Recognizing the Green New Deal’s visionary scope, Marc Tsurumaki’s course articulated the resolution’s aspirations in relation to the sublime. Beyond imagining the form that specific policy initiatives would take, students were asked to visualize the context in which the Green New Deal would be operating 30 years from now. Examining climate change and social instabilities through a critical lens in order to understand the interdependency between “the human-made and the natural,” students were asked to select a subject in the Green New Deal’s resolution and develop their projects within the three-decade time jump.
“Fostering a social significance and cultural value at the scale of the Green New Deal requires a paradigmatic shift in how we think of ourselves in relation to the natural environment.”
Focusing on agriculture, Joud Al Shdaifat and Kathleen McNamara’s “Terra Vita” predicted a future where the New York City Department of City Planning establishes a “Zoning Resolution of 2035” in response to climate catastrophes directly linked to destructive agricultural practices. The proposed resolution rezones Manhattan to create “Mandatory Agricultural Production (MAP) Zones,” and mandates that historic preservation projects must also preserve the communities inhabiting these buildings. Terra Vita, a prototype historic preservation project located in a MAP zone, converts the existing Audubon Terrace in Washington Heights into an aquaponic agricultural production hub that provides food and shelter to residents, and access to public space for others in the neighborhood. In addition to food production, the site uses homeostatic systems to circulate water, filter out waste, and repurpose energy. The goal of the project was to create resilient infrastructures that could simultaneously combat gentrification and preserve the diversity of Washington Heights.
In “New Futures and the Wasteland,” Brenda Lim and Andrew Keung explored toxicity and remediation through an imaginary intervention at the National Grid Liquid Gas Holding Facility in East Williamsburg. Instead of seeing remediation infrastructure as static, the project posits it as a substrate for future programming. Three remediation strategies are applied to the site: phytoremediation, in-situ chemical oxidation, and excavation. The infrastructural artifacts resulting from these strategies are then used as the basis for landscapes that might reintroduce both human and non-human species to the site and allow for cohabitation.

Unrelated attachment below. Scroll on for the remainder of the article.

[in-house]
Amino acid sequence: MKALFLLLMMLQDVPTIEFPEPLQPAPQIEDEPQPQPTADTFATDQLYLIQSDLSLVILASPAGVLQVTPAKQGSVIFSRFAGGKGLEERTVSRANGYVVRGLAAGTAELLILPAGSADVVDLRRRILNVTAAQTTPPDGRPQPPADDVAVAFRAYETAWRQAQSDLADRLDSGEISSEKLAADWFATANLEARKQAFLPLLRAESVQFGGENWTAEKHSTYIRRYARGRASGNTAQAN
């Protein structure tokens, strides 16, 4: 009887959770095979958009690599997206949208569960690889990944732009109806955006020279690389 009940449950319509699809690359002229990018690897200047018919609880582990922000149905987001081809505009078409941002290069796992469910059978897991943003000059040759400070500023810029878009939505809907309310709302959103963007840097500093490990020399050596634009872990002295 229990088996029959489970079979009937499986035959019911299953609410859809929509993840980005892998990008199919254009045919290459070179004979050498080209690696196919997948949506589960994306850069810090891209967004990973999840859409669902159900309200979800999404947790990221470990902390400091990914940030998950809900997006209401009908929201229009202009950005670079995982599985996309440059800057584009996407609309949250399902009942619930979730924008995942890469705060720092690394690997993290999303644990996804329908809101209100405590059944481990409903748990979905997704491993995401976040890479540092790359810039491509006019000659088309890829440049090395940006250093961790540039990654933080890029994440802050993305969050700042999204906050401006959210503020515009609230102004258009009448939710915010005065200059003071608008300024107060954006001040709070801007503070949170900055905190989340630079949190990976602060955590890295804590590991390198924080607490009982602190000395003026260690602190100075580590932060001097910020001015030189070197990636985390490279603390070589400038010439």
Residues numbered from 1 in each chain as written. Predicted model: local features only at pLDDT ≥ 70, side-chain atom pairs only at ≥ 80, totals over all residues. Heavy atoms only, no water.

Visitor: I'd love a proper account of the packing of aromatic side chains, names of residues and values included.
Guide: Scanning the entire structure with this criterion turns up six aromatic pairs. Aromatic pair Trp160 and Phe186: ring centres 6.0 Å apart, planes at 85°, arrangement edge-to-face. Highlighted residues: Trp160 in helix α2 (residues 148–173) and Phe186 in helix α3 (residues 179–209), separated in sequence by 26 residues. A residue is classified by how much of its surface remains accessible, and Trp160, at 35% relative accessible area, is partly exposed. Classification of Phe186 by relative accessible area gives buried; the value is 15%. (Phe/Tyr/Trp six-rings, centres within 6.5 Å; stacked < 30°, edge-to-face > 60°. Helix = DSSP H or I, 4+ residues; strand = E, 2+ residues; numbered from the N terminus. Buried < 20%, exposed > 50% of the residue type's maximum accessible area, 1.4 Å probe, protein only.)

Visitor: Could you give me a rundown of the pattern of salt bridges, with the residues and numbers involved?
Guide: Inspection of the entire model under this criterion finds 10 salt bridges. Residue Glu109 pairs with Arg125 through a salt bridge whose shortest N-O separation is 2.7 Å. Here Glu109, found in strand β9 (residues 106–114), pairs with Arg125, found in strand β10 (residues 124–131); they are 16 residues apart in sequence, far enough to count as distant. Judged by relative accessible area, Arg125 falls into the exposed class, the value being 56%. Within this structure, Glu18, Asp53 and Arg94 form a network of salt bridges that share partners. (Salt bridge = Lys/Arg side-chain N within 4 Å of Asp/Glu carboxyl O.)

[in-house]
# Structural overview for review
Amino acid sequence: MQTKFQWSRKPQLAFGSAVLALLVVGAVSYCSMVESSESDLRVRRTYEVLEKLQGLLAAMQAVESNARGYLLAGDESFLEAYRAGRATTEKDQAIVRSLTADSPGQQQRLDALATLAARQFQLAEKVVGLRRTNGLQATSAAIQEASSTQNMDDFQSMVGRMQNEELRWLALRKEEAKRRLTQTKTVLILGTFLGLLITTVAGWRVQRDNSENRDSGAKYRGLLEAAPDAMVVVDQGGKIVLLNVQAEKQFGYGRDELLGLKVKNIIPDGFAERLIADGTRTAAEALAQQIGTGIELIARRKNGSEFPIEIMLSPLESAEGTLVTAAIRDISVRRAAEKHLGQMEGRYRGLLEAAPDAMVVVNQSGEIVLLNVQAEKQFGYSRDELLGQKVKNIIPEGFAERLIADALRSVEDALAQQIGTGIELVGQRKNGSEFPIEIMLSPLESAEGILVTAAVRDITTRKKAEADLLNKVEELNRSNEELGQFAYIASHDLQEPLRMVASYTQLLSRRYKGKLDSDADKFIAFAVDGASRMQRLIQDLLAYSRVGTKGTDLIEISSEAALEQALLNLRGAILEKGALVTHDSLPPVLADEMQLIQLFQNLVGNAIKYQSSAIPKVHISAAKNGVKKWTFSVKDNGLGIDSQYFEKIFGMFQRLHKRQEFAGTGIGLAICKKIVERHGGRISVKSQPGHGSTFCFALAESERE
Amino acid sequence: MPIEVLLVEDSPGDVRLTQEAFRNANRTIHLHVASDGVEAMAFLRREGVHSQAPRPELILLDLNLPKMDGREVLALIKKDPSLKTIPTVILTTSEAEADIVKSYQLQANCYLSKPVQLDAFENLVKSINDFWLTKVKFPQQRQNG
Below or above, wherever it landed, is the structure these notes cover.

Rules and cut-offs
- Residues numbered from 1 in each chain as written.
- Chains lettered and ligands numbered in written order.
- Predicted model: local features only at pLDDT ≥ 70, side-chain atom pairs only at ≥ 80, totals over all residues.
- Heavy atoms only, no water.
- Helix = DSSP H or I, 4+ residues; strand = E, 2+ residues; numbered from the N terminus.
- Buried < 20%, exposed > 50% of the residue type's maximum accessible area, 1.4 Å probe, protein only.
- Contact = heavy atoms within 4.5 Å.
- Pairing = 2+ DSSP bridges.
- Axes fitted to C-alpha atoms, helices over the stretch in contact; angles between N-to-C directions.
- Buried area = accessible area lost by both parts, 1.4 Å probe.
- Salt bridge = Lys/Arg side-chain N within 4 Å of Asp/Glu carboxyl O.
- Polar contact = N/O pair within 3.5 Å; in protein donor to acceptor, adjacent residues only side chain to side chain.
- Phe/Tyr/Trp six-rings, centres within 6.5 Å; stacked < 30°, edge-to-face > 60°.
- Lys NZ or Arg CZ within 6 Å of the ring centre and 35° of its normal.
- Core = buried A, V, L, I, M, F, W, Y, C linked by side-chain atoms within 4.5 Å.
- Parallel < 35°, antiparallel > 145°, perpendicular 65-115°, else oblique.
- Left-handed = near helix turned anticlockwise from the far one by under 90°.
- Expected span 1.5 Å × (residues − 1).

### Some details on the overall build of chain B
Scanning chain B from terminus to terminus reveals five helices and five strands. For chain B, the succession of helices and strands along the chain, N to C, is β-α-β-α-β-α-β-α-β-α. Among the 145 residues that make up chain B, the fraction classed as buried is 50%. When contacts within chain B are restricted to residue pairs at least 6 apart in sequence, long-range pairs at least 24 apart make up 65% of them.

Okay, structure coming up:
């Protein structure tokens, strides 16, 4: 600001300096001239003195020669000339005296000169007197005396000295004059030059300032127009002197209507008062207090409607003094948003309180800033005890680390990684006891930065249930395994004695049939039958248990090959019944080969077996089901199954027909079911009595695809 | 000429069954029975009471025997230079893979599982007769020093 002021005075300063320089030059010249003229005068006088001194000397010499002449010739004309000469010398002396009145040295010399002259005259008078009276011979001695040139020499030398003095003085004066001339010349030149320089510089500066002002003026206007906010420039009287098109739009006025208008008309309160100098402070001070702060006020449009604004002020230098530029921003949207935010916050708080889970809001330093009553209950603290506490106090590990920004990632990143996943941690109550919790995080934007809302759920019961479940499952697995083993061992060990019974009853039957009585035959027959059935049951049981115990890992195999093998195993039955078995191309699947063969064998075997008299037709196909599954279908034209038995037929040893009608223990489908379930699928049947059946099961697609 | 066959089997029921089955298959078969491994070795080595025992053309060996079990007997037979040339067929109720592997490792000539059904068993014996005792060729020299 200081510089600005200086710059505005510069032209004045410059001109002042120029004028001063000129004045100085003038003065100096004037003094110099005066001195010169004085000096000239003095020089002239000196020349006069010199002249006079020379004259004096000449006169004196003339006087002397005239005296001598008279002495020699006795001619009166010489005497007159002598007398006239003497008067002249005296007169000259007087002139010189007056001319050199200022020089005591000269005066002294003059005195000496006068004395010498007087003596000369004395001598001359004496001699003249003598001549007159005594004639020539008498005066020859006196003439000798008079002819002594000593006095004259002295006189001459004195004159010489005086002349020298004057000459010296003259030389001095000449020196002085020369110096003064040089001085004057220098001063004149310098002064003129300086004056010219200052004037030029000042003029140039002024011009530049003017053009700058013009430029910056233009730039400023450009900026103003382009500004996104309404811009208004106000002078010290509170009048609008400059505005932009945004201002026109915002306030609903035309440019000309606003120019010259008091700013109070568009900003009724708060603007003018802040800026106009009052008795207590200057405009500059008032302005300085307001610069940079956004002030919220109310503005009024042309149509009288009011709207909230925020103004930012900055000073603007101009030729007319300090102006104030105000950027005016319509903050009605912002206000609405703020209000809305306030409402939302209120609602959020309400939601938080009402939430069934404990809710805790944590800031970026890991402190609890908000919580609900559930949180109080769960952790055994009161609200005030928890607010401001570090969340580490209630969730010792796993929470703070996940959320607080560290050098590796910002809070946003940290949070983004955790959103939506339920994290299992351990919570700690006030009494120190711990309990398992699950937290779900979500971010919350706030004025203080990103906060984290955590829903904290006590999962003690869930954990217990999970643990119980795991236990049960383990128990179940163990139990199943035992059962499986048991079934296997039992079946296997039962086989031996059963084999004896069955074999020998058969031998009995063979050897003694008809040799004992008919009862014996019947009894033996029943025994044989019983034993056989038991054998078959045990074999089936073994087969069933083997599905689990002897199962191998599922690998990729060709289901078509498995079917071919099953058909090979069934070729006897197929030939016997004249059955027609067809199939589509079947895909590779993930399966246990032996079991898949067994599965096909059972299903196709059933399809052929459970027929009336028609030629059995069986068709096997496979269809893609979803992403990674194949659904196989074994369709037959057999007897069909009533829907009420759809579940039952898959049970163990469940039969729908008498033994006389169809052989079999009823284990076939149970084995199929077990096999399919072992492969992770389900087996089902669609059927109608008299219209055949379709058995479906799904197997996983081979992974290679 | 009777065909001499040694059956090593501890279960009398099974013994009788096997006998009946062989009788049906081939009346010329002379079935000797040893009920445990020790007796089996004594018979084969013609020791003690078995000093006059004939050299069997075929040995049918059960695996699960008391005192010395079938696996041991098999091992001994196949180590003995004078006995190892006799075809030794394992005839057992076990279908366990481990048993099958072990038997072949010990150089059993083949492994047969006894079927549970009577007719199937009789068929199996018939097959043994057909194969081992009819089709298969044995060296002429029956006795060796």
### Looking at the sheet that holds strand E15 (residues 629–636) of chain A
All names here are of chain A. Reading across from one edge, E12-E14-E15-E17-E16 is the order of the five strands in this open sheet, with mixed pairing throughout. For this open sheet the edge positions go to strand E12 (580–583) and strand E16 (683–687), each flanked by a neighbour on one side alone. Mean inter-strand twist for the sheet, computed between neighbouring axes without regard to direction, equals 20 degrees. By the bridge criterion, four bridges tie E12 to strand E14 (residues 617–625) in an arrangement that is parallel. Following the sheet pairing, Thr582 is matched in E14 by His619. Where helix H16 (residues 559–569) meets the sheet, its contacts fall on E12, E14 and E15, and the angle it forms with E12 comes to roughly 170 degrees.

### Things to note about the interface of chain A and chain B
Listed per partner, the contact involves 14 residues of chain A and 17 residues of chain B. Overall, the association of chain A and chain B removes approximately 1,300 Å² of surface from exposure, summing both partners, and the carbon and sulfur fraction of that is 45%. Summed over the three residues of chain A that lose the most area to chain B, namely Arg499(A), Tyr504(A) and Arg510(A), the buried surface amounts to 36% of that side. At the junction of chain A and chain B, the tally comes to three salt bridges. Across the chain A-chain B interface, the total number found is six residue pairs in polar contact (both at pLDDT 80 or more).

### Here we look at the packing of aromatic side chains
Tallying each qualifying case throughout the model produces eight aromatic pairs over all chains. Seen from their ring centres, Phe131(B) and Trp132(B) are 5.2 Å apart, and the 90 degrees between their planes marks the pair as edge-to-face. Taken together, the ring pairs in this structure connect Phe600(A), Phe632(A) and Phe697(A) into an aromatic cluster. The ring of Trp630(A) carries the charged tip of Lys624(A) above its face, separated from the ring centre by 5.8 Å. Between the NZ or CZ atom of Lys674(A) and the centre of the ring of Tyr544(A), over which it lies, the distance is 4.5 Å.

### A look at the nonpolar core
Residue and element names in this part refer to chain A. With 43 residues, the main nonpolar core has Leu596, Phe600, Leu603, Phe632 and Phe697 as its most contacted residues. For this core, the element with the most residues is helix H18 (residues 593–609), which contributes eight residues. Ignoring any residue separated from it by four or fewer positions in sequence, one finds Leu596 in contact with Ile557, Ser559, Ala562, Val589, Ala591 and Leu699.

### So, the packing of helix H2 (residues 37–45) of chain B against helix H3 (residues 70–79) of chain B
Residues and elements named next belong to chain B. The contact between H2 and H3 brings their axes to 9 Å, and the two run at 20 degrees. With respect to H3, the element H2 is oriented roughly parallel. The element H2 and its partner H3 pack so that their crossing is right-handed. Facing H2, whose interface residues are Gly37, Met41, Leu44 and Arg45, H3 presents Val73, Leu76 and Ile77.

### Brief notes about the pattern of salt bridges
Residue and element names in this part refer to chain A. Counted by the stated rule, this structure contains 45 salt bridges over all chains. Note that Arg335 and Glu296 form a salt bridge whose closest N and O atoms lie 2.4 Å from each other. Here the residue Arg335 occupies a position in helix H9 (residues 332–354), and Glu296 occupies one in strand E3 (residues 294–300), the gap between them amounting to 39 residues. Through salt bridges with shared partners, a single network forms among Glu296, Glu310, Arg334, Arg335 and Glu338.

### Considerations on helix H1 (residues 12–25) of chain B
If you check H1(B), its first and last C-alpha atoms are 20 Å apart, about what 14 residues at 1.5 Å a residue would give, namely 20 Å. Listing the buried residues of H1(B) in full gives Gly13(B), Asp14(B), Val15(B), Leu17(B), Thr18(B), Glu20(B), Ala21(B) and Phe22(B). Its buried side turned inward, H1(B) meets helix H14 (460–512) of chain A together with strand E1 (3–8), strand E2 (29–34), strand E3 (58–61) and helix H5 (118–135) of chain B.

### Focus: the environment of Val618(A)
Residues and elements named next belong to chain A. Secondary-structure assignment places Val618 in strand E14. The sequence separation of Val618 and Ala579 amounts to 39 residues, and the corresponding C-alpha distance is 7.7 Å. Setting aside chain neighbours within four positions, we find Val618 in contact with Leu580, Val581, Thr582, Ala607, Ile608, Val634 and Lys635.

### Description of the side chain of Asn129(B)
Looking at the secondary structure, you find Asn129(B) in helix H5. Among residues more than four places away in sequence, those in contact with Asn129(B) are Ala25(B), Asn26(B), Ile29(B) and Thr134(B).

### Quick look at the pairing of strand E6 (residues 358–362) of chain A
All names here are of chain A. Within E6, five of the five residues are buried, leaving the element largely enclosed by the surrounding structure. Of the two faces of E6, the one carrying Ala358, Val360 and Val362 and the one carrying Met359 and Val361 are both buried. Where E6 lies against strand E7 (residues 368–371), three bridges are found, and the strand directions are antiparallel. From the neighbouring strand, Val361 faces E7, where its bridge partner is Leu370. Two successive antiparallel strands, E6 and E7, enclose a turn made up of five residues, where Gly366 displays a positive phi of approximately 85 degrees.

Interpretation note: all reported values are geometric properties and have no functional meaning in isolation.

In the spirit of other civil society programs such as the Civilian Conservation Corps and AmeriCorps, David Benjamin and his students were committed to imagining architecture’s response to the climate crisis as a public service by way of a proposed Climate Design Corps. Working within this framework, students had the freedom to choose their own site and establish a project and program, while analyzing their proposals’ impacts over the course of eleven years. Rather than looking at architecture as fixed objects, students worked with the notion that architecture is an open system. Given that low-carbon building largely means working with what already exists, the challenge was to “design buildings for disassembly.” The projects were distributed across a spectrum of sustainability measures, from temporary structures that can be adapted for multiple uses, to buildings designed for durability using low-carbon materials. In tackling the Green New Deal’s radical goals for building infrastructure, the studio also carried out urgent conversations around the architectural profession and its hierarchies.
“We were asking: How can you design a specific building as a prototype, but also keep in mind its broader impact?”